EU Policy

No matter whether the EU is (supposed to be) driven by an economic rationale or by common intangible values, the cultural element of its essence is not something to neglect. In the context of the gloomy reality of today, the EU needs to invent a bold new narrative, and to nourish and strengthen the sense of a common culture. The arts are there to create a space and tools for various communities to engage in dialogue, where different views can be freely shared, understood and accepted; conditions needed to sustain democracy and to enable the EU to exist as well as prosper. 

This section is both about the role of culture and the arts in the future of the EU, and about the EU policies which affect our sector.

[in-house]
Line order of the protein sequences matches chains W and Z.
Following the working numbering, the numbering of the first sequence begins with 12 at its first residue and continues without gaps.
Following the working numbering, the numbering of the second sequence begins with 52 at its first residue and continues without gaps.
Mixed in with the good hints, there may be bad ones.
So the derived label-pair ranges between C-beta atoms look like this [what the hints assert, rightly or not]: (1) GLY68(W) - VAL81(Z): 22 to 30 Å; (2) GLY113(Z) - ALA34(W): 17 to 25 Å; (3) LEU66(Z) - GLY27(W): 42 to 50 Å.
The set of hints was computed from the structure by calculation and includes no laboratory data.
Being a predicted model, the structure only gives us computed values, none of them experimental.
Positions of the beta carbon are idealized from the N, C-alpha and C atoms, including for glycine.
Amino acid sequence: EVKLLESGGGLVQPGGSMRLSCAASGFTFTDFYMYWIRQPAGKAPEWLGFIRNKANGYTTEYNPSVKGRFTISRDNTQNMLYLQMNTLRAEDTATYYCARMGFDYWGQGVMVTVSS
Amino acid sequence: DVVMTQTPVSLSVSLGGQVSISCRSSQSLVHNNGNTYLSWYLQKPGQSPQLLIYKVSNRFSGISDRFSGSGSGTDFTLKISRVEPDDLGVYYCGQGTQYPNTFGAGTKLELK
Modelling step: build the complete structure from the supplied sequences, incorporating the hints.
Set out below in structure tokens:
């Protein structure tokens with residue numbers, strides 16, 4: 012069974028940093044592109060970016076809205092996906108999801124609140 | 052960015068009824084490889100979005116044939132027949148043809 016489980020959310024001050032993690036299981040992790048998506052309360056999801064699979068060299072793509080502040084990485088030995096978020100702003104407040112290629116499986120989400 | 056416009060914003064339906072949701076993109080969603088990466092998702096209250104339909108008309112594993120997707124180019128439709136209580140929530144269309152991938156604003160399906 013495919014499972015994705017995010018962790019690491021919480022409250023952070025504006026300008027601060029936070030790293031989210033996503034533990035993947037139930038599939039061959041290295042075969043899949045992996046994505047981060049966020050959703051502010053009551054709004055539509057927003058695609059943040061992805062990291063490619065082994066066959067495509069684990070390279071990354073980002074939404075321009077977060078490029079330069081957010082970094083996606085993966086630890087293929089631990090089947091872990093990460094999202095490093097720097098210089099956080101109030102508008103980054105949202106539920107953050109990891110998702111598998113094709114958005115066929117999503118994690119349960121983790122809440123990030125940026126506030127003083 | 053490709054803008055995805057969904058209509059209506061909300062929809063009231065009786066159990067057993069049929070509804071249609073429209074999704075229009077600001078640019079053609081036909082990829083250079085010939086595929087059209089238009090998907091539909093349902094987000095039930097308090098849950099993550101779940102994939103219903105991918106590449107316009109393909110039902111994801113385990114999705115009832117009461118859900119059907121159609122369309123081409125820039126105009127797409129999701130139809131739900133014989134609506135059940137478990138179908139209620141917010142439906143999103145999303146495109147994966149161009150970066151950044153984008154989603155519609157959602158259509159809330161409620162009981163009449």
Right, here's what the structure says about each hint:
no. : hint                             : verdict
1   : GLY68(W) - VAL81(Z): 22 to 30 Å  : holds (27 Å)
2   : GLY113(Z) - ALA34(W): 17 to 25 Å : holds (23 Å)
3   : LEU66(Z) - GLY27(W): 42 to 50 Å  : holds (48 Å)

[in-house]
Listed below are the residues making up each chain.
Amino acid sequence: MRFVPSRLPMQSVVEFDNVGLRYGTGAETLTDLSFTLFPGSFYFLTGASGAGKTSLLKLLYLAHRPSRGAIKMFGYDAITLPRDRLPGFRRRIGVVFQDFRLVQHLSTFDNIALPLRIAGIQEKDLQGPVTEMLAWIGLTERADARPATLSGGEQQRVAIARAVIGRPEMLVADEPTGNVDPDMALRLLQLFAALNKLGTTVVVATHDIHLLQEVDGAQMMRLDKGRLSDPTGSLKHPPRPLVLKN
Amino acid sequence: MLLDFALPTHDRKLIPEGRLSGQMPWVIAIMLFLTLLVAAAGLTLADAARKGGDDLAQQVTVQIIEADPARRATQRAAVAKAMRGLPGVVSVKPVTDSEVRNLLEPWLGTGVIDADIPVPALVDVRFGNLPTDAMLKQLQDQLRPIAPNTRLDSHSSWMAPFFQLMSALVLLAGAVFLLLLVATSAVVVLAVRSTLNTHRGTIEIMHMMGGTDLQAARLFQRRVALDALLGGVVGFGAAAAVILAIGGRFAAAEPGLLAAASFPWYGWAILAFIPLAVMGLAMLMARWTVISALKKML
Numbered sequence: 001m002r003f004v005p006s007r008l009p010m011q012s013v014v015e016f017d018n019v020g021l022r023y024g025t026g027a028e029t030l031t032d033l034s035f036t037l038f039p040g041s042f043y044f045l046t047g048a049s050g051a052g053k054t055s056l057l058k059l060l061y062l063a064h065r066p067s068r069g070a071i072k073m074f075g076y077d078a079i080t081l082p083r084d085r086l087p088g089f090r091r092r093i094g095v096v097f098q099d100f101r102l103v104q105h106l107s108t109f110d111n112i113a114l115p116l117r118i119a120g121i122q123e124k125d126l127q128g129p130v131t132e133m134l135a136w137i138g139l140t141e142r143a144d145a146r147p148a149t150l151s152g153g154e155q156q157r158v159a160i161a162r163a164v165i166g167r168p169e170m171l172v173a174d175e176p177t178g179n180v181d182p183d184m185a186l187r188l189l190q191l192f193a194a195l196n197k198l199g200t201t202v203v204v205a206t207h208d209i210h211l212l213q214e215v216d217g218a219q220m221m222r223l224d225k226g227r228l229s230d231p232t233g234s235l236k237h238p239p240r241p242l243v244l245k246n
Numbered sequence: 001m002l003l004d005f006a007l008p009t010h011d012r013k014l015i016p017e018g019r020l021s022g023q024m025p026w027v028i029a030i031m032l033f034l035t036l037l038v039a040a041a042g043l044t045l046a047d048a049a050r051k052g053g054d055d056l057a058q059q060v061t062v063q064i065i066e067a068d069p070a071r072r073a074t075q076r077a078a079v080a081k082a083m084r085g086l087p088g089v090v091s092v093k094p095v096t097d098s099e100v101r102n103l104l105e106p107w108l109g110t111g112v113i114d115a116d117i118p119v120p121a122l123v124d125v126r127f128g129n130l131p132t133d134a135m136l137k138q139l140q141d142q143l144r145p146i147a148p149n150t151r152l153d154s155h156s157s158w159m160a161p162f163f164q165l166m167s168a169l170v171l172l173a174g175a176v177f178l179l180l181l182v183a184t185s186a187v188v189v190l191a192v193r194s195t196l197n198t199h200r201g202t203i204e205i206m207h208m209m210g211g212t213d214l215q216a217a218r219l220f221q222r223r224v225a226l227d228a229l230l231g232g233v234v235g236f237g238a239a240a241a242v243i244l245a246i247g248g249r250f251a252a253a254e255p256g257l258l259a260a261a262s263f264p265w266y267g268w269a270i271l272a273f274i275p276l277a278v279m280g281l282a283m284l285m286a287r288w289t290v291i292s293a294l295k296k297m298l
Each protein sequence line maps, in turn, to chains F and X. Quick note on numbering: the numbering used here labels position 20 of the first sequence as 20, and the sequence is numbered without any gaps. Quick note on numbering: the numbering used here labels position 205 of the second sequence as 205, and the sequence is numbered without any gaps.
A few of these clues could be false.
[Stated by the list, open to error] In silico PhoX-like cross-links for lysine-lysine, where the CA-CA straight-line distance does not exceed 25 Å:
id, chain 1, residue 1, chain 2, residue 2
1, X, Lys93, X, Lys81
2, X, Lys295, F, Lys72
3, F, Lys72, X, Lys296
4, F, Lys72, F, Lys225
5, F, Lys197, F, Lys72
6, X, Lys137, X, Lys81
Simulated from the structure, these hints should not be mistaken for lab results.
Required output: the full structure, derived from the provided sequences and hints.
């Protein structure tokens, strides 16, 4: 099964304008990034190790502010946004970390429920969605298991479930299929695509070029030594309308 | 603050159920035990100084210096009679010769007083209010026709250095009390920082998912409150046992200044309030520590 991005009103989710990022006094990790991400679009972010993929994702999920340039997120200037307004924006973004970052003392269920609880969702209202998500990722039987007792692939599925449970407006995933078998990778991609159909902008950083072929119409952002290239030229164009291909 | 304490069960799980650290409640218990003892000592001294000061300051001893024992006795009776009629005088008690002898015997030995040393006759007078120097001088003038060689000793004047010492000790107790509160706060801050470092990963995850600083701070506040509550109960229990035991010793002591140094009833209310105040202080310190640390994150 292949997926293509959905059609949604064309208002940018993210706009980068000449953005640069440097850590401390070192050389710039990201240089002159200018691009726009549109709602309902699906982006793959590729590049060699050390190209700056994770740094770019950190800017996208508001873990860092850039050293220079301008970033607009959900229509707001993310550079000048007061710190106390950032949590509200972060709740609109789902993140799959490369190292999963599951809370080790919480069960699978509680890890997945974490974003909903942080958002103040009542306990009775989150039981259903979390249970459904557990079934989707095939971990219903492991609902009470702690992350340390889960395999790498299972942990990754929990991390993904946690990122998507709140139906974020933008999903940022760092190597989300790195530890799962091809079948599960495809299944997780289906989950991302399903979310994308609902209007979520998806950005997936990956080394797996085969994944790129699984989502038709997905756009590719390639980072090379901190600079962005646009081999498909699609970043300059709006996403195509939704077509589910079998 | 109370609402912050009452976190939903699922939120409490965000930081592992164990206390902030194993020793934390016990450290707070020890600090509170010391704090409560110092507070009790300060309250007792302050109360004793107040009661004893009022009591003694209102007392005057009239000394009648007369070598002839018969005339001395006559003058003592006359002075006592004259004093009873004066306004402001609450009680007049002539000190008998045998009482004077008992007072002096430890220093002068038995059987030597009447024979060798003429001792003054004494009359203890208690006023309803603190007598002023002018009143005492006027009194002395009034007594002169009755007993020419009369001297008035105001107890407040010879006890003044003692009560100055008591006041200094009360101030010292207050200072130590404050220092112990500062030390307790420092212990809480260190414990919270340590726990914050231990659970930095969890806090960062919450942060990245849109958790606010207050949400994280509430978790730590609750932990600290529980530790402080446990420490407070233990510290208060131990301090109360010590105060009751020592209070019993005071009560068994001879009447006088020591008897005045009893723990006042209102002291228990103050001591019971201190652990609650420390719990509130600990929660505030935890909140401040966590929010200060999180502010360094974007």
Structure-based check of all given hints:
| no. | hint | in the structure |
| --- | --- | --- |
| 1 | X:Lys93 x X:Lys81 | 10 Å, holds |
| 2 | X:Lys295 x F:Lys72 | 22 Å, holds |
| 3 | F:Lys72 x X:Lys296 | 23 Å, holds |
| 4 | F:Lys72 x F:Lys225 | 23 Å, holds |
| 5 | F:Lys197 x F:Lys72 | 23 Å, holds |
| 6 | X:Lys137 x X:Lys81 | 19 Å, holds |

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The decision of UK citizens – to stay or leave the EU – will affect the cultural life of future generations all across the continent. So how do European citizens hope they will vote? Katherine Heid shares her perspective.
Europe has a ‘problem’; it is becoming a ‘less cultural continent’ as fewer Europeans are ‘engaging in cultural activities’. This paper questions the existence of this ‘problem’ and instead suggests that there is a shared problematisation across Europe sustained by common discursive archaeology that employs various discursive strands in relation to a dominant institutional discourse. The argument is that the ‘problem’ of ‘non-participation’ legitimates a ‘solution’ that predates its emergence: the state subsidy of arts organisations.
The book No Culture, No Europe: On the Foundations of Politics, edited by Pascal Gielen brings together contributions by an interdisciplinary group of theorists and scientists who argue that the European Union’s lack of attention towards culture is the main cause of the today’s political and economic crises.

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